Seems New Economy Project has struck a nerve. This year, Encore Capital, the country’s largest publicly-traded debt-buying company, blocked us from speaking at its annual shareholder meeting – even though our organization is a full-fledged shareholder in the company.
These maps depict the concentration of consumer credit cases and default judgments in NYC’s communities of color, and accompany our blog post No More, Encore (take two).
Washington Post — By last year, Terrie Raymer thought she was in the clear. A nearly $14,000 credit card debt she owed Target was now so old under Oklahoma’s laws that she could no longer be sued to collect the money. It was a relief, and Raymer began making plans to restart her life, including buying a new home.
Consumer Reports — As a Type 1 diabetic, Sarah Stark expects to have to cope with a lot of medical bills. But one hassle that’s taken her by surprise is dealing with debt collectors. Earlier this year, she says, a debt collector claimed she owed a medical bill that she had already paid.
CBS News — David Evans, a 59-year-old New Yorker, was making a modest living working as a messenger and enjoying a state tax refund of $150 or $200. But in the last four years, his refund hasn’t been coming through, Evans told CBS News.
Gothamist — While not particularly good at executing major capital projects or managing a budget or even running trains much of the time, the MTA is apparently very adept at squeezing money out of low-income riders.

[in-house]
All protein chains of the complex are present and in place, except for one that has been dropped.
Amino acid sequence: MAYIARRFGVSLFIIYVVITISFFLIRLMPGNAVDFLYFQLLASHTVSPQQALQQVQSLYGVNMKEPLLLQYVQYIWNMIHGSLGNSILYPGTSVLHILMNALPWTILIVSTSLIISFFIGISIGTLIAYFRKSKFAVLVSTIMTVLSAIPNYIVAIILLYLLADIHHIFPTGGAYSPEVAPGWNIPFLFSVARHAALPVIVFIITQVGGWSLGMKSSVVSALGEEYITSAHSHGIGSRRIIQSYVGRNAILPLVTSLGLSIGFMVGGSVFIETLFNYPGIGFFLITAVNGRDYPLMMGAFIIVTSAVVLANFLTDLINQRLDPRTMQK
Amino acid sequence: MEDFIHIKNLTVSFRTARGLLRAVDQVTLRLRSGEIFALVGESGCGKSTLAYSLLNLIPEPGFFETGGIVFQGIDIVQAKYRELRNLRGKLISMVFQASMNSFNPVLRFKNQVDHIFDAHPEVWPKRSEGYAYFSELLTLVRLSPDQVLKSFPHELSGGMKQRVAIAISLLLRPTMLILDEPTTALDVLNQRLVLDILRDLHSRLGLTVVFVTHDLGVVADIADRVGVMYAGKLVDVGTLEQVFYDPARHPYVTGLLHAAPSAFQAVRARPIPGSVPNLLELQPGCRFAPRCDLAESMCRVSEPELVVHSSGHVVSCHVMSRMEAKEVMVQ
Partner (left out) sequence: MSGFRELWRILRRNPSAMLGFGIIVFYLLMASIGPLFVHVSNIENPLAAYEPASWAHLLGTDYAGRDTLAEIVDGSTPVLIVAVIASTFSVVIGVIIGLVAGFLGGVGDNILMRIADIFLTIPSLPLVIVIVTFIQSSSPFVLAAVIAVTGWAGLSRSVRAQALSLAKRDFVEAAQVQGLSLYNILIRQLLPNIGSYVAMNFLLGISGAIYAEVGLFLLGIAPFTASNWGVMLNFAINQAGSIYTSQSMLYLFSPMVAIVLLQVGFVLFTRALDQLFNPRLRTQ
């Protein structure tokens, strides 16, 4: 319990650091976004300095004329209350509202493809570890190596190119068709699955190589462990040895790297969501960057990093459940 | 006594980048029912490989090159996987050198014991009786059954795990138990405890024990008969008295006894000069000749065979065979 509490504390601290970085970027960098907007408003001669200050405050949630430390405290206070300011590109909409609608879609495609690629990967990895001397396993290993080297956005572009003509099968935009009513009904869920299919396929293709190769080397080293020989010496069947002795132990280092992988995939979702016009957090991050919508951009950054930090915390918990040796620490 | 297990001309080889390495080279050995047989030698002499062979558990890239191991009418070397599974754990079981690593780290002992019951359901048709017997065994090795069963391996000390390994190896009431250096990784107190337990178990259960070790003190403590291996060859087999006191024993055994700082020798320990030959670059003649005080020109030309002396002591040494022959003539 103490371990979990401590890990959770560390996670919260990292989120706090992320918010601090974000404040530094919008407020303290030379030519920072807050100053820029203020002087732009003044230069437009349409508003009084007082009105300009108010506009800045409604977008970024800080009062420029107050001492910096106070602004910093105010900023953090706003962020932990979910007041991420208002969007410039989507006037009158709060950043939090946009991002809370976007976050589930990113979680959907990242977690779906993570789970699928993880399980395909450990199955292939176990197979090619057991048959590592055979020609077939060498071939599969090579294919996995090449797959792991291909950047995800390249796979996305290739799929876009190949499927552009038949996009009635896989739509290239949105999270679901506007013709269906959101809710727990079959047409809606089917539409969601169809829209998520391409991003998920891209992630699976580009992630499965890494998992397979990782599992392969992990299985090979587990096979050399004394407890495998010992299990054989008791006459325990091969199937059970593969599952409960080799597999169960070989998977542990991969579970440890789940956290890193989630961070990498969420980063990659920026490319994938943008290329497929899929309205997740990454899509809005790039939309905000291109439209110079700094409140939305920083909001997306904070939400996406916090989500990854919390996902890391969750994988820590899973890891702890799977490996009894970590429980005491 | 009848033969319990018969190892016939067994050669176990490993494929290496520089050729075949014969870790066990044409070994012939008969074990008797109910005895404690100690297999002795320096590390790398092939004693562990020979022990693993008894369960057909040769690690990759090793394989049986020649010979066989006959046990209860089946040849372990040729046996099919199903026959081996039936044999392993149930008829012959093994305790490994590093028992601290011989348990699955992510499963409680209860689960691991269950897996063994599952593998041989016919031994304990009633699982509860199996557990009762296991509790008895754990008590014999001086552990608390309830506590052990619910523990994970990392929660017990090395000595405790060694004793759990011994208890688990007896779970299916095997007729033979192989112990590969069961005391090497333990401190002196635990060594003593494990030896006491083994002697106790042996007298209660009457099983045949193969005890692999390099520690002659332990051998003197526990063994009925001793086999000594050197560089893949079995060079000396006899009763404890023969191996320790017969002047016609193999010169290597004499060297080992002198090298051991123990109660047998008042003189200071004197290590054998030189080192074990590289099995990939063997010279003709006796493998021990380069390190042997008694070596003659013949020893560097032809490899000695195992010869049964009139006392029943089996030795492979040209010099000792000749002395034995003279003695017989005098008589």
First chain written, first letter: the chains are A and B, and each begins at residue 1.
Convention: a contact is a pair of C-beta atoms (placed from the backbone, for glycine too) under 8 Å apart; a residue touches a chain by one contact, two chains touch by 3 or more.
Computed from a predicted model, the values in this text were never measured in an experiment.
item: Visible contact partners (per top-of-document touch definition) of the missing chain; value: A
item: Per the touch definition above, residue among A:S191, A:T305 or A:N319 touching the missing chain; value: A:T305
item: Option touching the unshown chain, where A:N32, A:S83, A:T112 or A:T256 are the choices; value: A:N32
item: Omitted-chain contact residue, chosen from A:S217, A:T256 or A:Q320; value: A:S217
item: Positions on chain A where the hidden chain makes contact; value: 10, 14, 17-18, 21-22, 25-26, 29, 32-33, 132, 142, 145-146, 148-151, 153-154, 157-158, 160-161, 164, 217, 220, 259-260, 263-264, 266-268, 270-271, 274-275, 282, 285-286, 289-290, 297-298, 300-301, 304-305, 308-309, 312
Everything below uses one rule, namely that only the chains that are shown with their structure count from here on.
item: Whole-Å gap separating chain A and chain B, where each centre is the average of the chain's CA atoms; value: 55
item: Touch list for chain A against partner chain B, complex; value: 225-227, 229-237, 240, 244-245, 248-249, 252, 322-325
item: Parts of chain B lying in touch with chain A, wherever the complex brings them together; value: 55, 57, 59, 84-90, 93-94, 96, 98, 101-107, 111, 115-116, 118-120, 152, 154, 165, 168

Crain’s New York Business — Debt collectors in New York hit upon a big idea last decade: They would buy defaulted credit-card or health-care bills, sue debtors without notifying them and then falsely state they had been properly served. Defendants, often poor minorities, didn’t show up in court. Default judgments were routinely entered, leaving collectors free to garnish debtors’ wages.
This spring, New Economy Project attended Encore Capital’s annual shareholder meeting at the Hyatt Hotel in midtown Manhattan. Three members of our legal team, Eve Weissman, Susan Shin, and Nick Loh, went to the shareholder meeting to call out ways that Encore, among the country’s largest debt buying companies, harms New Yorkers.
Crain’s New York Business — Esther Roman, a 60-year-old grandmother in Brooklyn, was alarmed when she noticed in January that her $300 weekly paycheck was $27.99 short. She called her employer, a home health care agency, which said her wages were being garnished after someone sued her, claiming she’d failed to pay an old credit-card bill.
Our Staff Attorney Eve Weissman appears on the Season the Bitch podcast to break down some of the systemic forces contributing to our culture of debt and enumerate your options and rights when dealing with debt collectors. Listen below or here.